finance

Stock Crash

This is what the stock market looked like at 2pm today.

From the Reuter’s article,

The Dow suffered its biggest ever intraday point drop, which may have been caused by an erroneous trade entered by a person at a big Wall Street bank, multiple market sources said.

and the suspected cause? A UI Glitch!

In one of the most dizzying half-hours in stock market history, the Dow plunged nearly 1,000 points before paring those losses—all apparently due to a trader error.

According to multiple sources, a trader entered a “b” for billion instead of an “m” for million in a trade possibly involving Procter & Gamble [ PG 60.75 -1.41 (-2.27%) ], a component in the Dow. (CNBC’s Jim Cramer noted suspicious price movement in P&G stock on air during the height of the market selloff. Watch.)

Sources tell CNBC the erroneous trade may have been made at Citigroup [ C 4.04 -0.14 (-3.35%) ].

“We, along with the rest of the financial industry, are investigating to find the source of today’s market volatility,” Citigroup said in a statement. “At this point we have no evidence that Citi was involved in any erroneous transaction.”

According to a person familiar with the probe, one focus is on futures contracts tied to the Standard & Poor’s 500 stock index, known as E-mini S&P 500 futures, and in particular a two-minute window in which 16 billion of the futures were sold.

Citigroup’s total E-mini volume for the entire day was only 9 billion, suggesting that the origin of the trades was elsewhere, according to someone close to Citigroup’s own probe of the situation. The E-minis trade on the CME.

On the Dubai financial crisis

.. a poem by Shelley comes to mind.


I met a traveller from an antique land
Who said: “Two vast and trunkless legs of stone
Stand in the desert. Near them on the sand,
Half sunk, a shattered visage lies, whose frown
And wrinkled lip and sneer of cold command
Tell that its sculptor well those passions read
Which yet survive, stamped on these lifeless things,
The hand that mocked them and the heart that fed.
And on the pedestal these words appear:
`My name is Ozymandias, King of Kings:
Look on my works, ye mighty, and despair!’
Nothing beside remains. Round the decay
Of that colossal wreck, boundless and bare,
The lone and level sands stretch far away”.

With prescient élan, the mention of the ‘trunkless legs of stone’ evokes the image of a forlorn tower of stone, much like the increasingly disrupted and abandoned, formerly high profile construction projects in Dubai. A shattered visage of the Bedouin of old, with a sneer on his wrinkled lips and the lone sands that stretch far away – complete the image of recklessness and decay, that now emanates from a city that strived to be a jewel in the crown of the middle east.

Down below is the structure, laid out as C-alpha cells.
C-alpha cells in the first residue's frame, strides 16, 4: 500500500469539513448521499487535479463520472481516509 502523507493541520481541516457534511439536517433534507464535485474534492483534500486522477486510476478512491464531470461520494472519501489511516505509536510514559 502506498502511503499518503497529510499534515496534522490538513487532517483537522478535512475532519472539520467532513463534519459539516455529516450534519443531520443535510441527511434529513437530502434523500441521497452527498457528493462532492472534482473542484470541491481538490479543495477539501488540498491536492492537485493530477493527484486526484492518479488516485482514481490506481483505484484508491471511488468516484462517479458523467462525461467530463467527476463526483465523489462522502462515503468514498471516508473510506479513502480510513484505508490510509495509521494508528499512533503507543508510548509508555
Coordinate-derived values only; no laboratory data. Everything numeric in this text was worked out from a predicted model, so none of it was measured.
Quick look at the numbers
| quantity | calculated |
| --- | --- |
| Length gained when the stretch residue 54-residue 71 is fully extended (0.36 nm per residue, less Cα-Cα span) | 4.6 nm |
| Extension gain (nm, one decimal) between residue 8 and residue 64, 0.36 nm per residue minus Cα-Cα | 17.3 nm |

Will it ever recover?

From FT: Asia keeps the west’s betrayed faith

http://www.ft.com/cms/s/0/5cfd7324-762b-11de-9e59-00144feabdc0.html

Interesting analysis on how Asia has faith in western economic theories, but none in their management practices.

Moreover, we’re improving trade with all kinds of FTAs being signed between ASEAN and other asian countries – whereas the US Congress has actually let a number of intra-americas FTAs die.

I just hope that the emulation of the west that is fast becoming the norm in Asia stays limited to the better aspects of society rather than the deplorable ones.

Be nice to the countries that lend you money!

A quote from Gao Xiqing, the man who runs the China investment corporation (and manages $200 Billion in funds for their sovereign fund). Here’s something I came across in the Atlantic monthly – his explanation of the financial derivatives debacle..

If you look at every one of these [derivative] products, they make sense. But in aggregate, they are bullshit. They are crap. They serve to cheat people.

I was predicting this many years ago. In 1999 or 2000, I gave a talk to the State Council [China’s main ruling body], with Premier Zhu Rongji. They wanted me to explain about capital markets and how they worked. These were all ministers and mostly not from a financial background. So I wondered, How do I explain derivatives?, and I used the model of mirrors.

First of all, you have this book to sell. [He picks up a leather-bound book.] This is worth something, because of all the labor and so on you put in it. But then someone says, “I don’t have to sell the book itself! I have a mirror, and I can sell the mirror image of the book!” Okay. That’s a stock certificate. And then someone else says, “I have another mirror—I can sell a mirror image of that mirror.” Derivatives. That’s fine too, for a while. Then you have 10,000 mirrors, and the image is almost perfect. People start to believe that these mirrors are almost the real thing. But at some point, the image is interrupted. And all the rest will go.

When I told the State Council about the mirrors, they all started laughing. “How can you sell a mirror image! Won’t there be distortion?” But this is what happened with the American economy, and it will be a long and painful process to come down.

Well explained indeed. I’ve always felt that the measure of how smart someone really is stems from the lucidity of their explanations of a complex topic to an uninformed audience.